LONDON, July 23, 2004 ( – A proposed television reality show has pushed the boundaries of offence by offering a program in which a thousand men compete for the chance to impregnate a woman by IVF. It is unlikely that the production company, Brighter Pictures, will find a market in the UK; a spokesman for the BBC has already said, “It is absolutely not for the BBC.” In its coverage of the intended program, called Make Me A Mum, The Daily Mail has called the idea “sick” and “depraved.” The idea has been greeted with public expressions of revulsion from different quarters. At least one British Tory MP has condemned it as “unacceptable.”  Josephine Quintavalle, of Comment on Reproductive Ethics, (CORE), said, “I am disgusted. I have never heard of anything that has descended down the scale of bad taste quite like this.” CORE is a public interest group focusing on ethical dilemmas surrounding human reproduction, particularly the new technologies of assisted conception. Quintavalle said, “My first thoughts go to the child who will be created – what is he or she going to be told about how they were conceived? And how can any woman want to have a child in this way?”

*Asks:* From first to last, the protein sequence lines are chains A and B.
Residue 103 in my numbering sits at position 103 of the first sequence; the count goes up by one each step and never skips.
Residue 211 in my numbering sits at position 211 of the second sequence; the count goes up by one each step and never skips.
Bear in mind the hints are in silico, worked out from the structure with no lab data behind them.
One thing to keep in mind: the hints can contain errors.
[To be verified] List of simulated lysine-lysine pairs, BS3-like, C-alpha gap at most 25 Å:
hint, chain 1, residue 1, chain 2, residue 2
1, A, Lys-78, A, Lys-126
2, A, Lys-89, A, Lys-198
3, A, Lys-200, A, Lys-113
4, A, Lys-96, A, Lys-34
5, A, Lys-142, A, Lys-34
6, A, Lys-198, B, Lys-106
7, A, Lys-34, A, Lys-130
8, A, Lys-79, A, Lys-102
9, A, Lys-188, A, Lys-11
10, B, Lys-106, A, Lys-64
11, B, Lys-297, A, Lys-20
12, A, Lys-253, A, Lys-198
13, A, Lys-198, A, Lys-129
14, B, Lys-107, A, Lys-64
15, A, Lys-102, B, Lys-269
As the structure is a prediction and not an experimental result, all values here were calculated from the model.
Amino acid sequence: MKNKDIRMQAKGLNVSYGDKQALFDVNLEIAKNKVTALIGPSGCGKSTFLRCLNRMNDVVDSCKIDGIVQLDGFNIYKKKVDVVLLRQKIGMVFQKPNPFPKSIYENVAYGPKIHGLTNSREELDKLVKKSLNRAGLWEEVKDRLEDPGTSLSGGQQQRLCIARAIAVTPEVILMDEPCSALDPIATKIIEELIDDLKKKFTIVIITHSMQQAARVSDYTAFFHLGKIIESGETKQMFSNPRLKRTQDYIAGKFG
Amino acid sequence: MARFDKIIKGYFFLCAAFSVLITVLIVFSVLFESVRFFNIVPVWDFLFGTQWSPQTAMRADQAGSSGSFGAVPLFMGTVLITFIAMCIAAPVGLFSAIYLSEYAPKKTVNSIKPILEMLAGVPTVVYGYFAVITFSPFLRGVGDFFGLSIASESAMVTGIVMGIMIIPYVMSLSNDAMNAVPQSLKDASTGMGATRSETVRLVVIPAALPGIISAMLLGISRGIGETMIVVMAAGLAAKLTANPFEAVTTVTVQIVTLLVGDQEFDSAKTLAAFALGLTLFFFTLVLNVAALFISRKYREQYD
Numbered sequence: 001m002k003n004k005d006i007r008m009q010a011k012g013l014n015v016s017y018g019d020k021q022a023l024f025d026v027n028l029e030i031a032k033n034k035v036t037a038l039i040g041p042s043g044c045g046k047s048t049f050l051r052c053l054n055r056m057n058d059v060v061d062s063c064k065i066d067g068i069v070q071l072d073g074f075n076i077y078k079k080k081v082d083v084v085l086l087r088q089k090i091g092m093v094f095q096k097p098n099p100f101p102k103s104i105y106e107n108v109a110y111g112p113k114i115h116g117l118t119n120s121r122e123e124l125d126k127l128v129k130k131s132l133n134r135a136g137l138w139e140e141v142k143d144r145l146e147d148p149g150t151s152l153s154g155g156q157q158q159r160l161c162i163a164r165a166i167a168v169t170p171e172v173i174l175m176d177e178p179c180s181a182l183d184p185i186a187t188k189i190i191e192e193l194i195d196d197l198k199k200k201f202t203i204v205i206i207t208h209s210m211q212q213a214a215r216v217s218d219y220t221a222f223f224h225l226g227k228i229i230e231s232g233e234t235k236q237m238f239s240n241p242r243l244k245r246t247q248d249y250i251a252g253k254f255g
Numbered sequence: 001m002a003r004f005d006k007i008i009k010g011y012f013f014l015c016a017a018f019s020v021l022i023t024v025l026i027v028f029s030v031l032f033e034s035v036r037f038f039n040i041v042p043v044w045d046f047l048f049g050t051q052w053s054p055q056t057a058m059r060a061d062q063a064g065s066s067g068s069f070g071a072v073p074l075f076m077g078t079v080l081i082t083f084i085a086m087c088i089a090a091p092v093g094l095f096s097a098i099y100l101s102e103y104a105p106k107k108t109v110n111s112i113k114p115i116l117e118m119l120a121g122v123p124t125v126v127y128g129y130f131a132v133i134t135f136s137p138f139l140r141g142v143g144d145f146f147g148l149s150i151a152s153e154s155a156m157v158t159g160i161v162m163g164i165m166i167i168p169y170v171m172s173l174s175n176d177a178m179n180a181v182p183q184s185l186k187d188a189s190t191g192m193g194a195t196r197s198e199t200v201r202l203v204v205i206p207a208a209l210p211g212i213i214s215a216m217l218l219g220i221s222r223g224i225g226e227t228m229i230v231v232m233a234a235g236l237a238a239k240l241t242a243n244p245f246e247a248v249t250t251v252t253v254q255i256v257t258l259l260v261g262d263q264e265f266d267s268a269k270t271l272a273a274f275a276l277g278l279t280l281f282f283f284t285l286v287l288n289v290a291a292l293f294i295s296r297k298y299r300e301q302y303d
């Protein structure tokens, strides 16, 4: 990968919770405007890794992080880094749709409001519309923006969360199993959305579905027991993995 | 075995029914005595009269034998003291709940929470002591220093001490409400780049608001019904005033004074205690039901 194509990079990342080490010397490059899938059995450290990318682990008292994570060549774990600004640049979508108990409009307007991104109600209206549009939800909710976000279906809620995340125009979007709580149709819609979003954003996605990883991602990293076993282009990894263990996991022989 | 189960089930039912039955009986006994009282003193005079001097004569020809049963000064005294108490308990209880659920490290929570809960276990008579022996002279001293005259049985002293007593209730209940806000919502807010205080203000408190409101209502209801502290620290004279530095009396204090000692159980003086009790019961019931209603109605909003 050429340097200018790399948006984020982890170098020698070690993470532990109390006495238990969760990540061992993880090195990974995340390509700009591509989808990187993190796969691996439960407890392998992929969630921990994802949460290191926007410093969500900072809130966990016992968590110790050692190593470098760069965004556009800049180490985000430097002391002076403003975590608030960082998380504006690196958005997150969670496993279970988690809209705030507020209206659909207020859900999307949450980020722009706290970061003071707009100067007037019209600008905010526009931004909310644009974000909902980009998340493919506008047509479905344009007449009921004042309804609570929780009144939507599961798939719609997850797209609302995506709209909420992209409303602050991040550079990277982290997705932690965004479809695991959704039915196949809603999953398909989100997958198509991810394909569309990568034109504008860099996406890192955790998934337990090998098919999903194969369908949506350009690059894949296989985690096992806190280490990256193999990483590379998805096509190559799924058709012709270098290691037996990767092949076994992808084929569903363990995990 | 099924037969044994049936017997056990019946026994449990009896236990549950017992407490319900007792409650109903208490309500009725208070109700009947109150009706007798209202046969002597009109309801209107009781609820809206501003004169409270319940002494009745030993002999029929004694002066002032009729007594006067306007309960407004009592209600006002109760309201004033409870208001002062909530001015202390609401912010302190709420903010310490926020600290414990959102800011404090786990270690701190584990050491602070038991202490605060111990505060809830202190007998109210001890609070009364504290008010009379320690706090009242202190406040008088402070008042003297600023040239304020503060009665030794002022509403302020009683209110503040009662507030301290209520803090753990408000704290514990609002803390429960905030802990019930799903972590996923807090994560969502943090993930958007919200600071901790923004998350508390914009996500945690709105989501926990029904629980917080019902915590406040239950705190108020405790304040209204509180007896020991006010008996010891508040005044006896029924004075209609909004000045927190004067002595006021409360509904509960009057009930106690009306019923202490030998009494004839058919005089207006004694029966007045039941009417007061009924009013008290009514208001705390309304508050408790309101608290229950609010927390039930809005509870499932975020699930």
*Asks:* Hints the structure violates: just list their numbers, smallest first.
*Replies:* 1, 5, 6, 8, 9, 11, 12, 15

The program will start with 1000 volunteers who will be selected by the woman on the basis of sex appeal, wealth, fitness and personality. The woman, who is not named, will take fertility drugs to stimulate the production of ova. One will be selected and fertilized by the winning man’s sperm by IVF clinicians live on television. The likelihood is that the idea will not pan out for practical reasons. The best IVF clinics in the world can boast, at most, a 15-25% success rate. The producers have approached German television broadcasters who they think will be more receptive to the idea.  Natalie Hudson, executive Director of Toronto Right to Life commented, “The culture’s adolescent fascination with sex has taken a step so low that even the apathetic media is reacting. The Roman Catholic Church warned some thirty years ago that in vitro procedures would turn the human person into a commodity. But even the Church never imagined that the conception of new life would be treated as a media spectacle. What’s next, or dare we ask?”  Read Daily Mail coverage:  ph